pain control nursing

1. pain control

  • Assess the client’s pain. Pain is what the client describes or says that it is. Do not under-medicate the cancer client who is in pain.
  • Mild or moderate pain may be treated with salicylates, acetaminophen (Tylenol), and NSAIDs (Non-Steroidal Anti-Inflammatory Drugs). Severe pain is treated with opioids, such as codeine sulfate morphine sulfate, methadone, and hydromorphone hydrochloride (Dilaudid). Neuropathic pain may be treated with a variety of anticonvulsants and antidepressants, as well as opioids.
  • Administer oral preparations if possible and if they provide adequate relief of pain. The transdermal route may also be prescribed. Subcutaneous injections and continuous intravenous infusions of opioids provide rapid pain control. Equianalgesic comparison charts should be used when switching routes of administration of opioids.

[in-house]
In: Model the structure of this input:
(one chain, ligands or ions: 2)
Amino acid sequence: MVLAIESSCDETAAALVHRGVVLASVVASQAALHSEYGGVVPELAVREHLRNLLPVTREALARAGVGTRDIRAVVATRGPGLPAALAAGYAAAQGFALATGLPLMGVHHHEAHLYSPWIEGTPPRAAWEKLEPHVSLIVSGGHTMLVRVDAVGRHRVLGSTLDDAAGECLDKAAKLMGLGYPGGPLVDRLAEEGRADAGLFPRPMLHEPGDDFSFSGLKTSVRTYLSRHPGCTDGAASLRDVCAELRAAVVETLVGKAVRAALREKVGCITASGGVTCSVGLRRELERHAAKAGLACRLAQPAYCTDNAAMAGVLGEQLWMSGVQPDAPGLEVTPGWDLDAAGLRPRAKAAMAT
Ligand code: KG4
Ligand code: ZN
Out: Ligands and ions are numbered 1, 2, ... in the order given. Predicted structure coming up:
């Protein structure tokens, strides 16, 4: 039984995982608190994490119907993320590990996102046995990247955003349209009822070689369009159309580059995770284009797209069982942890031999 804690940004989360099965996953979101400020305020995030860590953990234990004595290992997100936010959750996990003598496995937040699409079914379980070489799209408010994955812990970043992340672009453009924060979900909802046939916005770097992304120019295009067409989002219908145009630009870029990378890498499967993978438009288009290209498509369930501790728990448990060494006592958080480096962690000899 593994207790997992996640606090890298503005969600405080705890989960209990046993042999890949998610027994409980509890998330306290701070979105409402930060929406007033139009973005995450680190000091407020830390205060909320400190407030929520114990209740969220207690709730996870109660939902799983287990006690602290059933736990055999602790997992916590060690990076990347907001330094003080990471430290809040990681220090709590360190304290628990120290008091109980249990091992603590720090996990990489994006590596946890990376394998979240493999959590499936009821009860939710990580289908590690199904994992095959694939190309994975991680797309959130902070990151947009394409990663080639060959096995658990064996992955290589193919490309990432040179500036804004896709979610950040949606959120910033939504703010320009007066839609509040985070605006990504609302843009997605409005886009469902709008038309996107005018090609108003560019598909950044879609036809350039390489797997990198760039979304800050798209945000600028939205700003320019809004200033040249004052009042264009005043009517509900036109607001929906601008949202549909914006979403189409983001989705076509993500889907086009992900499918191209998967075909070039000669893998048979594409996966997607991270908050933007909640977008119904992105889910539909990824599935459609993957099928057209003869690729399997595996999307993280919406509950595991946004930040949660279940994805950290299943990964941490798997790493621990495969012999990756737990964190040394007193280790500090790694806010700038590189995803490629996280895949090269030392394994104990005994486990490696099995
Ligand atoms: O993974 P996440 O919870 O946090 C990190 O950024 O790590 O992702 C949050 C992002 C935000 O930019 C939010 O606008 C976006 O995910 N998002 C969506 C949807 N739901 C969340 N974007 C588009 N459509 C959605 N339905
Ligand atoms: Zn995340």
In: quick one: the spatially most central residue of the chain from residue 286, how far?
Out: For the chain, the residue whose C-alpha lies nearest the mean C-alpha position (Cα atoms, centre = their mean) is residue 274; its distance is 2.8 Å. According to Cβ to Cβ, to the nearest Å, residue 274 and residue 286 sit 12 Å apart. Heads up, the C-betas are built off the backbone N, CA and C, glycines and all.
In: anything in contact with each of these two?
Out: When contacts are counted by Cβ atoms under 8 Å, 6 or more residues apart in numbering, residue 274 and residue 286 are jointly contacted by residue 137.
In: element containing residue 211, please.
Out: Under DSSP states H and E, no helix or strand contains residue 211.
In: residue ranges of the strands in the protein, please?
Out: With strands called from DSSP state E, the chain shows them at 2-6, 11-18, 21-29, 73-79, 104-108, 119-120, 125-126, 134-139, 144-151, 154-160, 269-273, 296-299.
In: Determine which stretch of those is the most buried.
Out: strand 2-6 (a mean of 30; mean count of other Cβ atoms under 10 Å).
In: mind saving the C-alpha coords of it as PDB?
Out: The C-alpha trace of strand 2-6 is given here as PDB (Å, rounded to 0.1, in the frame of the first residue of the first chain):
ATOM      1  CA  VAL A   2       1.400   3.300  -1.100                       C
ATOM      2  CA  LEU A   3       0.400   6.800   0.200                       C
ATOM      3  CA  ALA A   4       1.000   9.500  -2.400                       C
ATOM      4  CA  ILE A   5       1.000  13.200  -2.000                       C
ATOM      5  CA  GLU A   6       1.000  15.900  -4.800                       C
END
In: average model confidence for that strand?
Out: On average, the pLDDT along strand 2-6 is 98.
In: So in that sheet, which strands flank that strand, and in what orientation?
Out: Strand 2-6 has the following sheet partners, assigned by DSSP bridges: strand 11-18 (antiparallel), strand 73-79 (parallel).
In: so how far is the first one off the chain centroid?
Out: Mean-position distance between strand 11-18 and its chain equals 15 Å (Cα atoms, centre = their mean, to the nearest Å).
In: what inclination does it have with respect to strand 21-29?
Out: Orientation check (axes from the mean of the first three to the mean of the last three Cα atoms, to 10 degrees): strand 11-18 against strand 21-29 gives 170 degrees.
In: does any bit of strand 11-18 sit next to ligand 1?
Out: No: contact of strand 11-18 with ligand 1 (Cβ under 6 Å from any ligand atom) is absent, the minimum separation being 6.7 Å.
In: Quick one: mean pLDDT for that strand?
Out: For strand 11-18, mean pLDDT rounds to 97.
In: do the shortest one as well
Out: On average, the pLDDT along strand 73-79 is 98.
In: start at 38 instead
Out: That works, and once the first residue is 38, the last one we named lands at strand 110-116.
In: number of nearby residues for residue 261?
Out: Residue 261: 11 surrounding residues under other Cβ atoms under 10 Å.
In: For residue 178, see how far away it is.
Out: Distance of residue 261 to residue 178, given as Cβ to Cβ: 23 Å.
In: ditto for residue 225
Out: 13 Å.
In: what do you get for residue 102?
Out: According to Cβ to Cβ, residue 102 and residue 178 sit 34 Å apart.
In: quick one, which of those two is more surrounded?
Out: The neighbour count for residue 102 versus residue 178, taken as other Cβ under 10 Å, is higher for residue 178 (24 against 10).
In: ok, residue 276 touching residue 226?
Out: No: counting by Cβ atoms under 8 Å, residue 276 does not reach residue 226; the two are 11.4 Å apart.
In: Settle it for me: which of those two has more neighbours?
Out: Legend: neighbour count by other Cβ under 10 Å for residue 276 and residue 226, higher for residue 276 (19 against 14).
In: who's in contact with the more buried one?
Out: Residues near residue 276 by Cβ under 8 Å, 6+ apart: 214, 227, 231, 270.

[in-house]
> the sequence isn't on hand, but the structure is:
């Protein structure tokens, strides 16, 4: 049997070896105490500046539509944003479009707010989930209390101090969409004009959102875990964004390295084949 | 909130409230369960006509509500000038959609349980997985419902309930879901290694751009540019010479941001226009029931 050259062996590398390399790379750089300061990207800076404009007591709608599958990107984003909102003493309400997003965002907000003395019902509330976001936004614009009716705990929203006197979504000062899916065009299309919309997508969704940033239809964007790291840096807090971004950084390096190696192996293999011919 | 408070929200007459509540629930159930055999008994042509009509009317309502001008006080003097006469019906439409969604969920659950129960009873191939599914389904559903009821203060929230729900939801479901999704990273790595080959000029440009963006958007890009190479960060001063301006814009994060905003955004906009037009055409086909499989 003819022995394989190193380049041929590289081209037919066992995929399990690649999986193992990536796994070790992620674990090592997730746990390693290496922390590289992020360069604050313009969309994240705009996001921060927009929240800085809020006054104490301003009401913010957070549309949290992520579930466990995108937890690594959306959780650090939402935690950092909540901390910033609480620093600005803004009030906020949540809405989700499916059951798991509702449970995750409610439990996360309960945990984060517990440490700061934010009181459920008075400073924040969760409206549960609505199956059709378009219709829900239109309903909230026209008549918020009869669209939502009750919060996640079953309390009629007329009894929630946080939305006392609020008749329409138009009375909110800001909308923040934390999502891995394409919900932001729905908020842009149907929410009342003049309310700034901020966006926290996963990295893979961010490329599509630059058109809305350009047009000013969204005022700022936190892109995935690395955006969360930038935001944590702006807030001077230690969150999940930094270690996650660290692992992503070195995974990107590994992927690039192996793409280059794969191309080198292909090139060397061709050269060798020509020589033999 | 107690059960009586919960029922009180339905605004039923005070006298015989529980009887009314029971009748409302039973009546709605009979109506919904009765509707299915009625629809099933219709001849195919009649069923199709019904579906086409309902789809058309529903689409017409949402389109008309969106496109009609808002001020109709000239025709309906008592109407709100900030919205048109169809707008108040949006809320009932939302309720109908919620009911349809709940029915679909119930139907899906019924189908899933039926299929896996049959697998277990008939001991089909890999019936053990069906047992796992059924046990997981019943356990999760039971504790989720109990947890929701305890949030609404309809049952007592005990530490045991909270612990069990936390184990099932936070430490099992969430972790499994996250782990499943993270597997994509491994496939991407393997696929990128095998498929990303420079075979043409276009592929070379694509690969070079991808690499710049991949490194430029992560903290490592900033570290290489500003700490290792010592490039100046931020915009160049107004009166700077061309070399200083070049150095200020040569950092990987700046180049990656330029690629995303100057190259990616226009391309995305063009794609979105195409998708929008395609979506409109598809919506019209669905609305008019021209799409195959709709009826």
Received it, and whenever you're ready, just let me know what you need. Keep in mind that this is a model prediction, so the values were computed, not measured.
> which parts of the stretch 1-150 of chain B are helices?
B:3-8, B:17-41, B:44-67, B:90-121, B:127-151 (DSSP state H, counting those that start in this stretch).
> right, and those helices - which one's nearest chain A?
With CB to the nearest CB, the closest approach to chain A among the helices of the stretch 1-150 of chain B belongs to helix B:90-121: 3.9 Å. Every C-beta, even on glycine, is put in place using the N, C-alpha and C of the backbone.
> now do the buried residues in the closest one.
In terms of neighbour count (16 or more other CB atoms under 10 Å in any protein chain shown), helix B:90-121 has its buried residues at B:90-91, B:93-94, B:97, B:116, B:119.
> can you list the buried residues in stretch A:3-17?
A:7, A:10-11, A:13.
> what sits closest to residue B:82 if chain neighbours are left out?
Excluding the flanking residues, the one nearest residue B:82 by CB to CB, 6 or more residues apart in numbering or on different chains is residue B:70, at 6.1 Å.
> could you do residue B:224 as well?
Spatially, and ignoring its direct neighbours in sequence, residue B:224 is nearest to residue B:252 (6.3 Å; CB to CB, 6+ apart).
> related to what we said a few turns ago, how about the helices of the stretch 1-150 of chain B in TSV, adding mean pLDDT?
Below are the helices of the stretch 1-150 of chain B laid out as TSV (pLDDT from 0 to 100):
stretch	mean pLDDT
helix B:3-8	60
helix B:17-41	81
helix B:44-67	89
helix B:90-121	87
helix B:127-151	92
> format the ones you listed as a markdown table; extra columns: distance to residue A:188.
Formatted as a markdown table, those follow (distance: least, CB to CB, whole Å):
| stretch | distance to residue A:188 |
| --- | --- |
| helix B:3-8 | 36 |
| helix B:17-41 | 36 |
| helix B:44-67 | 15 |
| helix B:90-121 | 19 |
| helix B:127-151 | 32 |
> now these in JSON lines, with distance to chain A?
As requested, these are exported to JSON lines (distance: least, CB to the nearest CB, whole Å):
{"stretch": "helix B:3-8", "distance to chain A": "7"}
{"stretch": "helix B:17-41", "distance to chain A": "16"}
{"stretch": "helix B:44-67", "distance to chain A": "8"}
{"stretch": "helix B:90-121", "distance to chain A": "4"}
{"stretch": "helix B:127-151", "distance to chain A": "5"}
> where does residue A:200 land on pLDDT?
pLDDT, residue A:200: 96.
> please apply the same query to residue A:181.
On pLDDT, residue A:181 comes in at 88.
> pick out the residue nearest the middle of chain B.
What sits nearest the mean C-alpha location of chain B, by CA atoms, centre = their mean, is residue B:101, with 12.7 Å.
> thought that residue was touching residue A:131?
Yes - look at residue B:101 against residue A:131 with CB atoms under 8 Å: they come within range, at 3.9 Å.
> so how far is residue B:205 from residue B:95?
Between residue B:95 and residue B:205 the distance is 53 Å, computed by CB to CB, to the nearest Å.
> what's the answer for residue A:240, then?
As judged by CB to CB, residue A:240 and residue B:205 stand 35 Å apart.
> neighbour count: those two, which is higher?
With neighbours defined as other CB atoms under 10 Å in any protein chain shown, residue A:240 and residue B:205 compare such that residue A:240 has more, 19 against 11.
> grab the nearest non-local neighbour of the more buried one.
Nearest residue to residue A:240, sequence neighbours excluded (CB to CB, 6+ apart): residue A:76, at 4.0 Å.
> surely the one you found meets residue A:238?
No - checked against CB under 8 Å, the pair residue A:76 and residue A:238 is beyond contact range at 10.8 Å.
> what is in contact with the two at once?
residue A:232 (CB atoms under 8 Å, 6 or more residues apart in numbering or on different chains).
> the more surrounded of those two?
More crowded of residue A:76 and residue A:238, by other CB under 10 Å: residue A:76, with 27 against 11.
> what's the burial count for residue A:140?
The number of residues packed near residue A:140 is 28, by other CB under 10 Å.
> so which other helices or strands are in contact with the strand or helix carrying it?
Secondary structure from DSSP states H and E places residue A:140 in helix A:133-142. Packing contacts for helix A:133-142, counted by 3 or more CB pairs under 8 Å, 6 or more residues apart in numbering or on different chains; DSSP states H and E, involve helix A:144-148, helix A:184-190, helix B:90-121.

• Monitor V/S and for side effects of medications. Monitor the effectiveness of medications.
  • Provide non-pharmacological techniques of pain control, such as relaxation, guided imagery, biofeedback, massage, and heat-cold application.
  • Collaborate with other members of the health care team to develop a pain management program.

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